Even when the jury said, ‘Guilty’. Even when the judge said, ‘death sentence’, I was waiting. All through the appeals, up and down the circuits. Motions filed, motions rejected. I had faith in the system. Sometimes I think I had more faith in it than anyone else who was a part of the whole damn circus.
A preacher is coming, in a while. He came yesterday too, just to be with me in these last days, he said. I could tell that he wanted me to confess. He kept talking about how I could be at peace. I said to him, ‘I am at peace. I didn’t do the thing they said I did, but I did other things. I was a bad seed, Father, and being in here was the best thing for me. I woulda wasted a life, if I’d had one. But I’m tired now. I want to step off my square meter, and see what it feels like to fly.’
He didn’t understand. Just looked at me like I was crazy and said he’d pray for me, that I might find forgiveness.
I think it worked, just maybe not in the way he was thinking. Just that last night, after I told them what I wanted to eat for my last meal. After I met with my lawyer who was still talking about the Governer and public pressure and yada, yada, yada. After all that, when I was lying down to sleep, I suddenly felt kinda peaceful.
I only felt like that once in my life before, when I was a kid. I was out fishing, with my Grandpa, on a boat, on a lake. It was so quiet, we’d walked miles and miles from the road to get to this little lake and there was no one else there. There was no wind, we just floated out there in the sun and after a bit, Grandpa’s eyes started to get heavy and his head nodded forward. It was like someone had cast a spell; I was still young enough to believe in fairy tales a bit. Maybe it was a mermaid of something, who knows? But I lay down in the bottom of that boat and looked up at the bluest sky I ever saw. It felt like I dissolved, like I was part of something big. Part of the wide, blue sky. Like anything was possible.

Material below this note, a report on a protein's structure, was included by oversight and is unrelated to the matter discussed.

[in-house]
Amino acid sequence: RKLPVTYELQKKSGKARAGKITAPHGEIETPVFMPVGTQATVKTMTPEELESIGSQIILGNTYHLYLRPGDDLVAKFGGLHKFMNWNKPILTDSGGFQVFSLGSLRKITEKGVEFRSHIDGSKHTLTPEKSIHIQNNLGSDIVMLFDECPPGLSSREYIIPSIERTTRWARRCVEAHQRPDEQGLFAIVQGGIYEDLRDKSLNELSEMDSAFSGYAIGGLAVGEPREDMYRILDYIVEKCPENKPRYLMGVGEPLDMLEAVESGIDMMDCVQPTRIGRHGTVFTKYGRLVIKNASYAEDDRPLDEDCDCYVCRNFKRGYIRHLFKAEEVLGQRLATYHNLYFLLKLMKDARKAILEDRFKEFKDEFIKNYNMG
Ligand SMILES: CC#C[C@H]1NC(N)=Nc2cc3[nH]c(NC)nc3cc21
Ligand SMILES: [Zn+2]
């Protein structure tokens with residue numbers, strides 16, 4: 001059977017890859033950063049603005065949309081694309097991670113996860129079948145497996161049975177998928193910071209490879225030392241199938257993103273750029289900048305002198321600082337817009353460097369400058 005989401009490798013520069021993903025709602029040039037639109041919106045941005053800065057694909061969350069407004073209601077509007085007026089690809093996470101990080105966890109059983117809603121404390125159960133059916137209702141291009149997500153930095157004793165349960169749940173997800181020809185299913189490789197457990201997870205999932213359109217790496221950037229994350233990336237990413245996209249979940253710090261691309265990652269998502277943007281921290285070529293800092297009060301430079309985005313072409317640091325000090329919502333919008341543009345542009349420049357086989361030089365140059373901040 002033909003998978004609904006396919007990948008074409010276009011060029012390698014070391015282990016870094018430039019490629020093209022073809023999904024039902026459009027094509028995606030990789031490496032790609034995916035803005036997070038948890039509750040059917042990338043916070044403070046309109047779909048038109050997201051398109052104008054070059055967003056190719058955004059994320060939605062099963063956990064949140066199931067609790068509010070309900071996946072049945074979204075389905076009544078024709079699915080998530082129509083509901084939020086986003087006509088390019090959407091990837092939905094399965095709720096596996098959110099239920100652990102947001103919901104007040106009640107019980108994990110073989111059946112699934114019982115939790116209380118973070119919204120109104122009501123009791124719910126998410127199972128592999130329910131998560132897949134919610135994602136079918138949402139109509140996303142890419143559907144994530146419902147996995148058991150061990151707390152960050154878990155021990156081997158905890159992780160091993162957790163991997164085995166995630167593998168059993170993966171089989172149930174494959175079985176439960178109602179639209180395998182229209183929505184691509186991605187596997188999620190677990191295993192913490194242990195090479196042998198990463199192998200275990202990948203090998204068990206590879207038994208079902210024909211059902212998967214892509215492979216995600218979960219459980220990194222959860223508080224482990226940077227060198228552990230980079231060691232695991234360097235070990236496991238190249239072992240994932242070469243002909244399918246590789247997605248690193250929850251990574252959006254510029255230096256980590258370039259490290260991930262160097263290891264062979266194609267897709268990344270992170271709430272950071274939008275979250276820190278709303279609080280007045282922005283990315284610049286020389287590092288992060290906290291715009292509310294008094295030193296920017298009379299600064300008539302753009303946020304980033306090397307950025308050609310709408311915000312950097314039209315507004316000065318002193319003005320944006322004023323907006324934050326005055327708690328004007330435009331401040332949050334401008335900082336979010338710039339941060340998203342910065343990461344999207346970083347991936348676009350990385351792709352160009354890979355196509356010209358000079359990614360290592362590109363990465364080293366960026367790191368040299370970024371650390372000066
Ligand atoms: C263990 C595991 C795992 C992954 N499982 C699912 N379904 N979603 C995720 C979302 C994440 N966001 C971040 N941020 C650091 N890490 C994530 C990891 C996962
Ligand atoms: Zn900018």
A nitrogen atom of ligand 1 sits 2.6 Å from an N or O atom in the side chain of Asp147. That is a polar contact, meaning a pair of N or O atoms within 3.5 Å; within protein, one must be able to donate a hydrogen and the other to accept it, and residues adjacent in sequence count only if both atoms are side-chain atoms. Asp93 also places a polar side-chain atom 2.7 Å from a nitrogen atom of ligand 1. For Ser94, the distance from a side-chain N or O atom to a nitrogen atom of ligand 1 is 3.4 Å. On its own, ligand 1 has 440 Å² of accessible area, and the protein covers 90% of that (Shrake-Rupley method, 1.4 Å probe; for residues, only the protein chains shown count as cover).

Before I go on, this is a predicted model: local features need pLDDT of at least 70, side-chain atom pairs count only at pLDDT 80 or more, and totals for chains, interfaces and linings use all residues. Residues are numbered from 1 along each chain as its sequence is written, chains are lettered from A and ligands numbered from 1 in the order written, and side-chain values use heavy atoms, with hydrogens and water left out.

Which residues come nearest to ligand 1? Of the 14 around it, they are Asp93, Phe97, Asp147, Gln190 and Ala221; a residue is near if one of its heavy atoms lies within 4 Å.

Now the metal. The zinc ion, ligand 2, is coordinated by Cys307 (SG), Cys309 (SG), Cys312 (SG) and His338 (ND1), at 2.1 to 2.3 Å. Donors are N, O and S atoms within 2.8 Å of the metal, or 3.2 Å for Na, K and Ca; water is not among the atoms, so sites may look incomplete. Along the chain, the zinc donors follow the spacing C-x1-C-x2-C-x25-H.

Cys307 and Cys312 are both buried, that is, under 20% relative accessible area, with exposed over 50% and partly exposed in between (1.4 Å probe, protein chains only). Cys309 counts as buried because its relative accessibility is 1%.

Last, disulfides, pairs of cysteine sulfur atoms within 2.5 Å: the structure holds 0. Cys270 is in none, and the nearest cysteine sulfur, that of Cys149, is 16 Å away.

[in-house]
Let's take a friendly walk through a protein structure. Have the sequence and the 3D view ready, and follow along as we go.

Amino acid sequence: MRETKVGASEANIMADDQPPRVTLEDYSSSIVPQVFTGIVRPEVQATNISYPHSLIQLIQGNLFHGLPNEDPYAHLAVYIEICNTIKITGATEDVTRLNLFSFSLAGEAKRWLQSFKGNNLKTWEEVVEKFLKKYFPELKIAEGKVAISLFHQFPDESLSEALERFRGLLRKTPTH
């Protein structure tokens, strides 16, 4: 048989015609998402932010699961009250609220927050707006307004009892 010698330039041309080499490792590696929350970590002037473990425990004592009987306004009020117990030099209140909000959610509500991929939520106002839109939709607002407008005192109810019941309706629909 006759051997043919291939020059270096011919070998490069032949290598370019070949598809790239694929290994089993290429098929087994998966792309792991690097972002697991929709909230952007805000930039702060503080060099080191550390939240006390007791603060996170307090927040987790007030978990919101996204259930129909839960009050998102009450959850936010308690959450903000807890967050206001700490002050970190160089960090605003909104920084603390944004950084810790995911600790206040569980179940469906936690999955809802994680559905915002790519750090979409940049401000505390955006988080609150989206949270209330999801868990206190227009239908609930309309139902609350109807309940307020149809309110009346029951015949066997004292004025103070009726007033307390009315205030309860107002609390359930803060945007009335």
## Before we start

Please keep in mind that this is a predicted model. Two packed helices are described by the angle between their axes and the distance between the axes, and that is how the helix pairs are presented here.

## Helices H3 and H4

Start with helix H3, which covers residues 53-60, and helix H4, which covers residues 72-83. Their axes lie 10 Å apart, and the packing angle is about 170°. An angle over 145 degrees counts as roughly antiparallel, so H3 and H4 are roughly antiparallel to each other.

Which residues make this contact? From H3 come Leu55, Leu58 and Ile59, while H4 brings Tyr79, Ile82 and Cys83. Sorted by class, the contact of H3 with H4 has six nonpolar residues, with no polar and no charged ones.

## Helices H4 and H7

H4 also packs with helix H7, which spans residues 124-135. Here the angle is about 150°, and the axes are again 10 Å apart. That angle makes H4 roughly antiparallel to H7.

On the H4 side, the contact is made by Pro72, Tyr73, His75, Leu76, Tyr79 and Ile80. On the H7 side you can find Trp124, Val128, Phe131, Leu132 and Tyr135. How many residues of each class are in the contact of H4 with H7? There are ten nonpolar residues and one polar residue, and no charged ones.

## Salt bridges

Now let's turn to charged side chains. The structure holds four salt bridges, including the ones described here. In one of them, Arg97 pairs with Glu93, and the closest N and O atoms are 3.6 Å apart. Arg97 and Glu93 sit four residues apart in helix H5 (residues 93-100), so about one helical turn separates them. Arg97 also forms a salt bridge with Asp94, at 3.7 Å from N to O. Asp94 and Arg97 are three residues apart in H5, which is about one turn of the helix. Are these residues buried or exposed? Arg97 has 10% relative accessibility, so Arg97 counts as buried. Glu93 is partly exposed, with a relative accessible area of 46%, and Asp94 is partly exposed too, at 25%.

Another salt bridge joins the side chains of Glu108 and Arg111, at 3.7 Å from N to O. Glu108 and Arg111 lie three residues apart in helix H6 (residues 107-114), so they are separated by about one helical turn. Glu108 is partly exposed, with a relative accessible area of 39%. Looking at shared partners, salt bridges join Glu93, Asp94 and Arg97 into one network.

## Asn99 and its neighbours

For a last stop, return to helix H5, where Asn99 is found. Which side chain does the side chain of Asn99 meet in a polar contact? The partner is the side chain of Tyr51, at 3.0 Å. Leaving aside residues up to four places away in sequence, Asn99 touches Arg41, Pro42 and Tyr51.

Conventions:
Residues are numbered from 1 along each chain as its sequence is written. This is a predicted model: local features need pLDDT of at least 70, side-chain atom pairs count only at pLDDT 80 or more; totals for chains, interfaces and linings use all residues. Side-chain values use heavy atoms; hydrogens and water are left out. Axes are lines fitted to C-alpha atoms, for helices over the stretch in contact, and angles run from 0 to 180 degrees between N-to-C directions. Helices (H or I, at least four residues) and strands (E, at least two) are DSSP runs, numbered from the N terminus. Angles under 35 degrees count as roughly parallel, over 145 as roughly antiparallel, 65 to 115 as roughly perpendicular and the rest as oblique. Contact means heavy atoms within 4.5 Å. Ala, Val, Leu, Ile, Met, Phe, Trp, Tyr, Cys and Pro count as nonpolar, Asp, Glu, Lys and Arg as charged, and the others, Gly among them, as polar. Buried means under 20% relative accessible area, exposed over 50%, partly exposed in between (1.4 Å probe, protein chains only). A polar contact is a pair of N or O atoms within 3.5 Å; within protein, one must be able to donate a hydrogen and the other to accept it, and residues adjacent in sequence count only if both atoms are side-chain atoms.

And there I was, feeling it again but in a hard prison bunk on death row. Funny, huh? I just couldn’t be angry any more, I didn’t have it in me. Not with the killer, or the liars, or the cops, or the judges. Not with anyone. I closed my eyes, and I thanked God for giving me the peace to understand that it was over. It was over.
The Preacher asked me if I would give the family of that girl some peace, and tell them where she was. Oh, now that question has made me so angry, over the years. Worse than thinking I’d hurt her at all, is thinking that I’d hurt her family so bad that I wouldn’t let them bury her proper. I didn’t know them, didn’t know her…why would I hurt any of them? You’d have to hate someone pretty bad to do something like that. When the Preacher asked this time, it didn’t make me angry though, just sad. I said, ‘I’m sorry, Father, I can’t answer that. I wish I could, but I can’t.’
He left, just after that. He said he’d pray for me.
And it’s OK. It is. It’s OK. Even if they find out today that someone else did it. With this DNA evidence or whatever, even if they proved once and for all that I didn’t do it? How does that change anything? Doesn’t bring the girl back to life, doesn’t make her family feel better, doesn’t turn back all the time I served. It’d just be me, tossed out of jail to a family who disowned me. I can’t remember what life was like outside, where you choose your own clothes, food, job. I don’t know as I could do any of that, any more.
I just got a few more hours until they come and bring me my meal; chicken fried steak, baked potato and corn, peach pie and cream. Until then, I’m just gonna lie here in my bunk and feel the boat rock. See my Grandpa’s nodding shadow. Let my mind become as big as the wide, blue sky.
It’s OK. It’s OK.